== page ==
The Library Book by Susan Orlean reopens the unsolved mystery of the most catastrophic library fire in American history, while at the same time delivers a dazzling love letter to a beloved institution. From their humble beginnings as a metropolitan charitable initiative to their current status as a cornerstone of national identity, Orlean sheds light on the crucial role libraries play in our lives.
The Family Tree Historical Newspapers Guide by James M. Beidler reveals that when researched properly, no other type of record can beat historical newspapers in “taking the pulse” of their times and places, recording not just the names of specific individuals, but also the information that was important to the community. This comprehensive step-by-step guide shows how to harvest the social media of centuries past to learn facts about your ancestors as well as the flavor of the times they lived in.
Women of the Blue & Gray by Marianne Monson presents micro-biographies of Civil War women – wives, mothers, sisters and friends whose purposes ranged from supporting husbands and sons during wartime to counseling President Lincoln on strategy, from smuggling to publishing to battlefield surgery. These experiences of black, white, Native American, and immigrant women on both sides of the war are still relevant to our nation.
Shell Game Sara Paretsky pits legendary sleuth V.I. Warshawski against some of today’s most powerful figures. Returning to the Windy City to save an old friend’s nephew from a murder arrest that involves a stolen artifact, V.I soon finds herself tangling with the Russian mob, ISIS backers, and a shady network of stock scams and stolen art that stretches from Chicago to the East Indies and the Middle East.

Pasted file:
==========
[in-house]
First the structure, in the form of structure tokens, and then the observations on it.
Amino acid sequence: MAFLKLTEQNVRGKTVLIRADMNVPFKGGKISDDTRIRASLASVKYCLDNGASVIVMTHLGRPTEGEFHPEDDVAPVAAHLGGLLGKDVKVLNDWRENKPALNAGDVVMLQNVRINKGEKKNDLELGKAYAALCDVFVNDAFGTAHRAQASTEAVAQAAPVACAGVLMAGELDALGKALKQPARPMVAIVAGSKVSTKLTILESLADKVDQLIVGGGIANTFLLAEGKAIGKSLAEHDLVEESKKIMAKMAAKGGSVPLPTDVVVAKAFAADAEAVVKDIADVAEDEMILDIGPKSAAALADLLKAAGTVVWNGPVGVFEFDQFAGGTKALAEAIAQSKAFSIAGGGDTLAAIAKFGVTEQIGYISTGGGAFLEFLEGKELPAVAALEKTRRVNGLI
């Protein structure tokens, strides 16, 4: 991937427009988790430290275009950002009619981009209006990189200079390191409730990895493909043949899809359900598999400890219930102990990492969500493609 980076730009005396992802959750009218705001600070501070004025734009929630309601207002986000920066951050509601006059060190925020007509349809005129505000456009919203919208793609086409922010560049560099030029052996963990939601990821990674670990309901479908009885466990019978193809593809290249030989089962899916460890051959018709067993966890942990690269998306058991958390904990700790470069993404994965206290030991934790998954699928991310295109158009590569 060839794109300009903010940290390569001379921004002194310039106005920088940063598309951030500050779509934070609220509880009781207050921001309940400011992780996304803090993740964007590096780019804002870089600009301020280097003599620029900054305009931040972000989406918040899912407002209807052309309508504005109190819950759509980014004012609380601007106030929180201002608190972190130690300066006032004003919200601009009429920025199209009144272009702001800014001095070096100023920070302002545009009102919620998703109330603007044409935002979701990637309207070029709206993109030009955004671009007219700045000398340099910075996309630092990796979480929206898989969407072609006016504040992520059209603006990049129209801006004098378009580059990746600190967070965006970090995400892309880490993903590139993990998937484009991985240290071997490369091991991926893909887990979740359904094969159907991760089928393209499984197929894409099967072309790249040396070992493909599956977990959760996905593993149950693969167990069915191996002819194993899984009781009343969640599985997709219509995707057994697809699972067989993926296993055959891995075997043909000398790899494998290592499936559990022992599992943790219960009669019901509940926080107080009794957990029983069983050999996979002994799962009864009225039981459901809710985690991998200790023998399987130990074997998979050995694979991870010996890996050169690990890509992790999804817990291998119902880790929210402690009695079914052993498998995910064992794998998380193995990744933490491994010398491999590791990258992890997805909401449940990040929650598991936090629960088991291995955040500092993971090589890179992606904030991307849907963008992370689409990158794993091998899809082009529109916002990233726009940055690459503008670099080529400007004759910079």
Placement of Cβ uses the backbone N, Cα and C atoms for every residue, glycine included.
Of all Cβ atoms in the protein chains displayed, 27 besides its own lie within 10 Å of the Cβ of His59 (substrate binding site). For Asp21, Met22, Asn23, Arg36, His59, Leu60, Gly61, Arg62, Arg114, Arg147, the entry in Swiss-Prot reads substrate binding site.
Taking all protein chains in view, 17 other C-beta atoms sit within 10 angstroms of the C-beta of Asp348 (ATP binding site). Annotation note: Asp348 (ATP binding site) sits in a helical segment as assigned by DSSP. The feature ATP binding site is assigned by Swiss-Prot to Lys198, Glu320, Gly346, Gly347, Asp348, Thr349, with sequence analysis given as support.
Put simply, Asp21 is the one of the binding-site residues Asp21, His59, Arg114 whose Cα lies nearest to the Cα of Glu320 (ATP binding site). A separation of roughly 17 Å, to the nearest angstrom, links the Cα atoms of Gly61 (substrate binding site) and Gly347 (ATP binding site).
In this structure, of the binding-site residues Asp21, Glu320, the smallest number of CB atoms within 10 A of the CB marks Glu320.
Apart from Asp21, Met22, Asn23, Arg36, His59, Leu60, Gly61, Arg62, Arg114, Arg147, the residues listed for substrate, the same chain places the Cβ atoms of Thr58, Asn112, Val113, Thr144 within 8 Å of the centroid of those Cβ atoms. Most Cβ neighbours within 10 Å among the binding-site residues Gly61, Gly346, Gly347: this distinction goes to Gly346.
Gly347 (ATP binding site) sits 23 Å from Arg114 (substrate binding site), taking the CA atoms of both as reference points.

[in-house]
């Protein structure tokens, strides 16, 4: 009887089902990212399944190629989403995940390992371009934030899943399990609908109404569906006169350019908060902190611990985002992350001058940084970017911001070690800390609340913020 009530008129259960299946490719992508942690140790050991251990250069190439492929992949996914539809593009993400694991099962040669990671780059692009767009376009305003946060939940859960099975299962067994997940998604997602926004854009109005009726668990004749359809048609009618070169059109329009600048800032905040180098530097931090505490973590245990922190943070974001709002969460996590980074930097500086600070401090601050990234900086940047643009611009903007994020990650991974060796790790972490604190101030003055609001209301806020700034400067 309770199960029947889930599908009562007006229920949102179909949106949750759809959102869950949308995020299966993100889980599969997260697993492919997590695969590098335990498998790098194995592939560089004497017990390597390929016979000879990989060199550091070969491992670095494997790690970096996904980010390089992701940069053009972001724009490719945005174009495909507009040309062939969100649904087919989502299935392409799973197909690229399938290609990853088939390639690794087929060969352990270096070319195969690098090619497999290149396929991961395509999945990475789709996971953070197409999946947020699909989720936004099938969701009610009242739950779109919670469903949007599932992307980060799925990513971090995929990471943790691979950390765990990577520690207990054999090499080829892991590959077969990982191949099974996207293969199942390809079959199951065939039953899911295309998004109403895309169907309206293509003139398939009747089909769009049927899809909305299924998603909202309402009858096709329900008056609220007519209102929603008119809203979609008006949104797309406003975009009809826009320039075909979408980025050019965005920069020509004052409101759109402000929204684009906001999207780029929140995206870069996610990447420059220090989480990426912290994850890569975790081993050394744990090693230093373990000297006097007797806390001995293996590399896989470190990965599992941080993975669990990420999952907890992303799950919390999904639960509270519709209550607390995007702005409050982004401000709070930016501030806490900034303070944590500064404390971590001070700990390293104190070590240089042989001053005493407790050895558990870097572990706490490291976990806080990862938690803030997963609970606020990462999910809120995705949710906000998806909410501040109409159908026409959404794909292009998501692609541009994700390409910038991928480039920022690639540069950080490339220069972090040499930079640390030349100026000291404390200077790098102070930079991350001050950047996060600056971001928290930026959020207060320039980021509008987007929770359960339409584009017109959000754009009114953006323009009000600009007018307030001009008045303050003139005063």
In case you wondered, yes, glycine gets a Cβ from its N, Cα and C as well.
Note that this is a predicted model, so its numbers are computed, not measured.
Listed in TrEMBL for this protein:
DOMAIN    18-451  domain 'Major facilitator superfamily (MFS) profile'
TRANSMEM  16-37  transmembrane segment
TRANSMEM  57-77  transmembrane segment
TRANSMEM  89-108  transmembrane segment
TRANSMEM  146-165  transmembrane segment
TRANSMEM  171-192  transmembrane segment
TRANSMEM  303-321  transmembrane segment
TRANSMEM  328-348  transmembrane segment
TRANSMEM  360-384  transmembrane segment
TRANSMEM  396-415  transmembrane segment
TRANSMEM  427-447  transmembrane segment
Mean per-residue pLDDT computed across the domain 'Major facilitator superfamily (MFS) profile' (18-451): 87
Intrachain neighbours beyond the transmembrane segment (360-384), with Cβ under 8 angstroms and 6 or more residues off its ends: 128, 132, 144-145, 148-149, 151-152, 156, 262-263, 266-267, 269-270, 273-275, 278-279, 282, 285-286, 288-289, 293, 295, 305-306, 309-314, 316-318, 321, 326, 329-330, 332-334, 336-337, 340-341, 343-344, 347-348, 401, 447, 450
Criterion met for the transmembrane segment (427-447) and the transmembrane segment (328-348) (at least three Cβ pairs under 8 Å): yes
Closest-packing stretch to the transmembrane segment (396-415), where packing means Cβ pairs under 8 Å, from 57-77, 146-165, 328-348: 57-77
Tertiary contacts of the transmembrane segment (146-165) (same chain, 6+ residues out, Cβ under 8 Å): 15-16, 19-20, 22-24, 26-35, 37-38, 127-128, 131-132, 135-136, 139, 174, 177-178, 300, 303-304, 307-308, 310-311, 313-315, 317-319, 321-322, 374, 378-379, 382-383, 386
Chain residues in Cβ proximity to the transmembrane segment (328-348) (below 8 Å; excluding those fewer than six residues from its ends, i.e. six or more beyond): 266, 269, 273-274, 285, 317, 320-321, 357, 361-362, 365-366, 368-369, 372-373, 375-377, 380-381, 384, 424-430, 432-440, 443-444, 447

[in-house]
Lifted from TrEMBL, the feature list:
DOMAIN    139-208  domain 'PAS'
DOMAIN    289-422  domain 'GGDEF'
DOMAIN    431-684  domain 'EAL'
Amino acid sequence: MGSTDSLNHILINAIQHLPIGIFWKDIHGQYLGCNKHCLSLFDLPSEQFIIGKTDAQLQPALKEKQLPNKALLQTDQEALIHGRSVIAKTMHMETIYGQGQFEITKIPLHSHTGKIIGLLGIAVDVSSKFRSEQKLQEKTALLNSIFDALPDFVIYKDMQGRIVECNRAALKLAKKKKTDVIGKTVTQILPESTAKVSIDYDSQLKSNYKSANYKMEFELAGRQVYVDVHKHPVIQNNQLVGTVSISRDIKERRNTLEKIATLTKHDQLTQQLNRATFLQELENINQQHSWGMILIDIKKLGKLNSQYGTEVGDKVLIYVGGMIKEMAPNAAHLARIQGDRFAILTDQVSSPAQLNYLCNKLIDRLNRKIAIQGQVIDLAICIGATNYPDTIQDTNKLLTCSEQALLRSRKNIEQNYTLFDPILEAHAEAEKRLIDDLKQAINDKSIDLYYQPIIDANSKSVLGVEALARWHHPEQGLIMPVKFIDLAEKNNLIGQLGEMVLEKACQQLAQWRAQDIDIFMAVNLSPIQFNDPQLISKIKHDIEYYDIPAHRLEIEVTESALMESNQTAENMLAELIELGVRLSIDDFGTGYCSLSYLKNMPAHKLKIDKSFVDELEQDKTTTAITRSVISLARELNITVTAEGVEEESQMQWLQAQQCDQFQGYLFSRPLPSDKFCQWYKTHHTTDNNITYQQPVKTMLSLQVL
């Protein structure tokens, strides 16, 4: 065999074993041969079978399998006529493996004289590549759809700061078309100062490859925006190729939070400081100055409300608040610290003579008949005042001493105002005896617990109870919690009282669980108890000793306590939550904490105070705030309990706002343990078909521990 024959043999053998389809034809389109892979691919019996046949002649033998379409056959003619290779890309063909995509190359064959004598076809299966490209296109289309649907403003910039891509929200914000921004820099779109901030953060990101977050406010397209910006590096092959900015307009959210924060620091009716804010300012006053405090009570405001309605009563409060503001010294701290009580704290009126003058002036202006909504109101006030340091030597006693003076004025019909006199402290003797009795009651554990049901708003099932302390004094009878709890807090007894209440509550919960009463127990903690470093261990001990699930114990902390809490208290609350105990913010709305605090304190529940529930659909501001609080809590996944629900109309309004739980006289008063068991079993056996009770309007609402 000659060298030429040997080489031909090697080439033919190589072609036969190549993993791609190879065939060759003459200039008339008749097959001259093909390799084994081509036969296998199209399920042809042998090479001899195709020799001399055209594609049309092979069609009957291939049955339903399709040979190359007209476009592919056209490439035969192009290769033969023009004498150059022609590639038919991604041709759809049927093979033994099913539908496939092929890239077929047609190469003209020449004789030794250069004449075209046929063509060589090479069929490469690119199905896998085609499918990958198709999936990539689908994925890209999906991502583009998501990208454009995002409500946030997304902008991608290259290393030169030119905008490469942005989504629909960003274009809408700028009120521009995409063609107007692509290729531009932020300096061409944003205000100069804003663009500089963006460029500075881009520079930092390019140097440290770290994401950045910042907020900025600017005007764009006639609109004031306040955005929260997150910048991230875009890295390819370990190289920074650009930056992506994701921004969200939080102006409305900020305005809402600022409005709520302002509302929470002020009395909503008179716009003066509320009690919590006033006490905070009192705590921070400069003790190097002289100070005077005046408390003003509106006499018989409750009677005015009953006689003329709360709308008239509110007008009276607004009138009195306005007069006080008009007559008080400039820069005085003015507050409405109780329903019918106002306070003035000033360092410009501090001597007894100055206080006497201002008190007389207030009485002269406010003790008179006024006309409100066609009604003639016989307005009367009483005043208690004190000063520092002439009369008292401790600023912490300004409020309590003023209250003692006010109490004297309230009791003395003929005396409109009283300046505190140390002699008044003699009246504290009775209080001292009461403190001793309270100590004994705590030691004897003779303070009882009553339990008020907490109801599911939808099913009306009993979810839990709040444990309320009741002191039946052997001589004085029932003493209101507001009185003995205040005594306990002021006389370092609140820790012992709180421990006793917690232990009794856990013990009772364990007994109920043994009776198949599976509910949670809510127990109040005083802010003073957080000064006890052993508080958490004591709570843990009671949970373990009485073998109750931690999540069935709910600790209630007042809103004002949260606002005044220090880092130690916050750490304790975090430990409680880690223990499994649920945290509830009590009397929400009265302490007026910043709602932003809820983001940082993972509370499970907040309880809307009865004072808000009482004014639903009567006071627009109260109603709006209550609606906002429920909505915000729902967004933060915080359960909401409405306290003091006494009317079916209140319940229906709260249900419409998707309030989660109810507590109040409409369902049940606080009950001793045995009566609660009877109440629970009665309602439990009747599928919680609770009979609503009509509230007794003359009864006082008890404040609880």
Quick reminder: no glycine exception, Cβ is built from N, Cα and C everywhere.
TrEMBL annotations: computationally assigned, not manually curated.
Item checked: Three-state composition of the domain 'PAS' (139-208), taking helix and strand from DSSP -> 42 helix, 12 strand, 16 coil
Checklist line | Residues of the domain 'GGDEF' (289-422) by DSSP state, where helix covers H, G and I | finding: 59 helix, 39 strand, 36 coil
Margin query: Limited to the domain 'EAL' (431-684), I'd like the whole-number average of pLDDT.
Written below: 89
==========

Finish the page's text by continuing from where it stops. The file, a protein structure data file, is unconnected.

The Patchwork Bride by Sandra Dallas delivers a captivating tale when June, a runaway bride-to-be, unexpectedly arrives and announces to her grandmother she’s calling off the marriage. As she continues work on a wedding quilt made from scraps, Ellen tells the tender story of Nell, a Kansas-born woman who journeys to the High Plains of New Mexico Territory in 1898 in search of a husband and learns to recognize love for what it is.
Vicious by V.E. Schwab brings to life a gritty comic-book-style world in vivid prose: a world where gaining superpowers doesn’t automatically lead to heroism, and a time when allegiances are called into question. When college roommates Victor and Eli discover that under the right conditions someone could develop extraordinary abilities, things go horribly wrong. Years later, Victor is determined to catch up to his old friend, now a foe, who is on a mission to eradicate every other super-powered person he can find.